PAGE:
“Research shows that most people complain once a minute during a typical conversation. Complaining is tempting because it feels good, but like many other things that are enjoyable—such as smoking or eating a pound of bacon for breakfast—complaining isn’t good for you.
Your brain loves efficiency and doesn’t like to work any harder than it has to. When you repeat a behavior, such as complaining, your neurons branch out to each other to ease the flow of information. This makes it much easier to repeat that behavior in the future—so easy, in fact, that you might not even realize you’re doing it. …
Repeated complaining rewires your brain to make future complaining more likely. Over time, you find it’s easier to be negative than to be positive, regardless of what’s happening around you. Complaining becomes your default behavior, which changes how people perceive you. …
Research from Stanford University has shown that complaining shrinks the hippocampus—an area of the brain that’s critical to problem solving and intelligent thought.
The Solution to Complaining
There are two things you can do when you feel the need to complain. One is to cultivate an attitude of gratitude. That is, when you feel like complaining, shift your attention to something that you’re grateful for. Taking time to contemplate what you’re grateful for isn’t merely the right thing to do; it reduces the stress hormone cortisol by 23%.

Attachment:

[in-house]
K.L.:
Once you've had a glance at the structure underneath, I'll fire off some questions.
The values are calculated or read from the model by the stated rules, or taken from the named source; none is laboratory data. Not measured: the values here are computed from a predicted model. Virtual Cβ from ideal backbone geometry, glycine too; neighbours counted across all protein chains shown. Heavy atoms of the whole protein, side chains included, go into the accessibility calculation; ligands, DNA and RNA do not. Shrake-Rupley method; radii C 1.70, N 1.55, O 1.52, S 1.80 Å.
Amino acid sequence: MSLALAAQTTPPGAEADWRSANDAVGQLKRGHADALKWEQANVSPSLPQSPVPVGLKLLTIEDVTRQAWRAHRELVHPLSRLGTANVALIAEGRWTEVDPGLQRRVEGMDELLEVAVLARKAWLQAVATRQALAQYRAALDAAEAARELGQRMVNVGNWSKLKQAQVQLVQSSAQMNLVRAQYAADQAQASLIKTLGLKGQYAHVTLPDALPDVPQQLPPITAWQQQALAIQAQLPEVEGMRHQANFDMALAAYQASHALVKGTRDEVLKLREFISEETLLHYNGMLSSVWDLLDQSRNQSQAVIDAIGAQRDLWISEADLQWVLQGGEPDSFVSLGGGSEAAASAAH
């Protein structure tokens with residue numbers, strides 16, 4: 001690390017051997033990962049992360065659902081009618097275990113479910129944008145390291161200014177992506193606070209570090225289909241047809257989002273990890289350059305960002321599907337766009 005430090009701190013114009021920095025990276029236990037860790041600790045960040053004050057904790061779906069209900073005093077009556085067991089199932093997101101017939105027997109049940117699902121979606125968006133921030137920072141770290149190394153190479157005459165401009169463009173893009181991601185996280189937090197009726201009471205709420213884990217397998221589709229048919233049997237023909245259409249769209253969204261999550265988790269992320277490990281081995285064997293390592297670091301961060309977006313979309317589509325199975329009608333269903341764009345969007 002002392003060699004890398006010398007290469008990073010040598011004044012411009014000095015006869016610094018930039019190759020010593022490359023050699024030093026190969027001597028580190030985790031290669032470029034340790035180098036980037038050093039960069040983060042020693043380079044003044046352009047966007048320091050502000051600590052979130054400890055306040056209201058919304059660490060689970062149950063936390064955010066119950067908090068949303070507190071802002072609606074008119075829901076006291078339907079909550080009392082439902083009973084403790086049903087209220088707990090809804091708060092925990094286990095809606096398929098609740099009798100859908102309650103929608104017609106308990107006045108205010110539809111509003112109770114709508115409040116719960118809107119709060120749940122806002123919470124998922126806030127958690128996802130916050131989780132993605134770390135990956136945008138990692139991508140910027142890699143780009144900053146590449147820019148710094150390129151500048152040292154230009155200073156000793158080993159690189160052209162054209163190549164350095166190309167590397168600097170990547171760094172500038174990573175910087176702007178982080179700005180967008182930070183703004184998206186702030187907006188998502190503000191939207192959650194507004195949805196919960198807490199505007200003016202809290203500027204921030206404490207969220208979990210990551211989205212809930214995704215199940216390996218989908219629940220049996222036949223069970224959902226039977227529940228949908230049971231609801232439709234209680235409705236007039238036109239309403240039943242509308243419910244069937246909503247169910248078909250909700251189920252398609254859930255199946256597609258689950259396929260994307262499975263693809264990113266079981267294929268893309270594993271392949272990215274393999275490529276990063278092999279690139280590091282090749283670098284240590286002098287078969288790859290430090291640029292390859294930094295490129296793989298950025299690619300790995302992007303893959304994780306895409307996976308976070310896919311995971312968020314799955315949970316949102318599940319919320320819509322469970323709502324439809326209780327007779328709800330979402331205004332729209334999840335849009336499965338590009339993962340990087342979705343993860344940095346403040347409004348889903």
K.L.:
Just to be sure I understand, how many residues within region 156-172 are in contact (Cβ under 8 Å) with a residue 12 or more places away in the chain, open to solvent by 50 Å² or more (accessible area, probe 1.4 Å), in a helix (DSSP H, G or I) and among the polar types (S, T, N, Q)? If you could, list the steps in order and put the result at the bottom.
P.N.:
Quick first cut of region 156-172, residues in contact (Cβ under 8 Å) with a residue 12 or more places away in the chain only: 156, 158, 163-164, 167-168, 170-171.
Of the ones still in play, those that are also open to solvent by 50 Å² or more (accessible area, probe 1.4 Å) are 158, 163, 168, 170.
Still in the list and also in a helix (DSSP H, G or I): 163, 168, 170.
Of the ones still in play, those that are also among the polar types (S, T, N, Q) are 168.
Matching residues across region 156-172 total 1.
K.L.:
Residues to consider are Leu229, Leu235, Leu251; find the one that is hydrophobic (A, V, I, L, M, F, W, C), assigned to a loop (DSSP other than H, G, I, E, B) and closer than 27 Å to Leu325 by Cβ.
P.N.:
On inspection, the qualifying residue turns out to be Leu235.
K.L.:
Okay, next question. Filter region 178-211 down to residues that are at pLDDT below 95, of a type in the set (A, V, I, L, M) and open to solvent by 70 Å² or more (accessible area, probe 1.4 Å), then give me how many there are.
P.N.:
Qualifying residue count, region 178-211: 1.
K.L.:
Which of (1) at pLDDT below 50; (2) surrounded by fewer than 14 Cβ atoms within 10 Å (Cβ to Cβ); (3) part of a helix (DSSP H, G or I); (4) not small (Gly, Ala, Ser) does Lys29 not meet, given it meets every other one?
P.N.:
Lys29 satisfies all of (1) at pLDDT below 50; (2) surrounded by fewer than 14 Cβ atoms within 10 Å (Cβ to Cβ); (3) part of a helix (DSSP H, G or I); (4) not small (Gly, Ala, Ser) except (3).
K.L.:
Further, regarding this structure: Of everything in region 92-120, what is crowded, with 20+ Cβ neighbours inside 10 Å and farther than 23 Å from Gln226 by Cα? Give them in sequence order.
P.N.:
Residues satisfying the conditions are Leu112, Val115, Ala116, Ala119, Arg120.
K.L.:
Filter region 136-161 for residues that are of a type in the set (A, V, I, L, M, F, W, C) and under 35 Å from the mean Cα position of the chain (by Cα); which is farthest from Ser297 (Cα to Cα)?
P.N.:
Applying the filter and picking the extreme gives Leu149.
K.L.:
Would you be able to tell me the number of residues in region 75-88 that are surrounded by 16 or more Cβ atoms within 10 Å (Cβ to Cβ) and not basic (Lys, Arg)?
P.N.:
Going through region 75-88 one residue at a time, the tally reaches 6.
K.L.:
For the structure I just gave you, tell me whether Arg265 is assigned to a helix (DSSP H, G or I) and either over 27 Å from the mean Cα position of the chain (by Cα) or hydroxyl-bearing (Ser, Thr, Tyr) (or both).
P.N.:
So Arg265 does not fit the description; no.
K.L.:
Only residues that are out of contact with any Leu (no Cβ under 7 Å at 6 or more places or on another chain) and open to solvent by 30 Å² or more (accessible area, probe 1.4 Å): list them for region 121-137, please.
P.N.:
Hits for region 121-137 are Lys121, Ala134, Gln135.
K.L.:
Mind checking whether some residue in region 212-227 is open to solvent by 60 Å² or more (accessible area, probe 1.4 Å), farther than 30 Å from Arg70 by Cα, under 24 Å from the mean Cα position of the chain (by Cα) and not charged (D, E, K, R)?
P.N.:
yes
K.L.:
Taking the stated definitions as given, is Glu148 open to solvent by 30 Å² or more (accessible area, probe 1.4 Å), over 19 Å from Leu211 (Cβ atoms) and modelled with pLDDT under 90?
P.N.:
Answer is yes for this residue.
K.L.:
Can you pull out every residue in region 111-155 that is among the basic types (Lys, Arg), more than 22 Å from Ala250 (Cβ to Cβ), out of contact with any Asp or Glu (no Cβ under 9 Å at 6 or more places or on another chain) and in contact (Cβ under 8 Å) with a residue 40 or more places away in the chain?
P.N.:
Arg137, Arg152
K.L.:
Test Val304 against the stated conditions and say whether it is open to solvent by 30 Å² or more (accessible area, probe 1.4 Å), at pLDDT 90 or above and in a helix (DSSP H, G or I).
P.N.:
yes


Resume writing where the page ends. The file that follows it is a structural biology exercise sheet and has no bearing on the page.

The second thing you can do—and only when you have something that is truly worth complaining about—is to engage in solution-oriented complaining. Think of it as complaining with a purpose. Solution-oriented complaining should do the following:
- Have a clear purpose. Before complaining, know what outcome you’re looking for. If you can’t identify a purpose, there’s a good chance you just want to complain for its own sake, and that’s the kind of complaining you should nip in the bud.
- Start with something positive. It may seem counterintuitive to start a complaint with a compliment, but starting with a positive helps keep the other person from getting defensive. …
- Be specific. When you’re complaining it’s not a good time to dredge up every minor annoyance from the past 20 years. Just address the current situation and be as specific as possible. Instead of saying, ‘Your employee was rude to me,’ describe specifically what the employee did that seemed rude.
- End on a positive. If you end your complaint with, ‘I’m never shopping here again,’ the person who’s listening has no motivation to act on your complaint. In that case, you’re just venting, or complaining with no purpose other than to complain. Instead, restate your purpose, as well as your hope that the desired result can be achieved, for example, ‘I’d like to work this out so that we can keep our business relationship intact.’”
– – –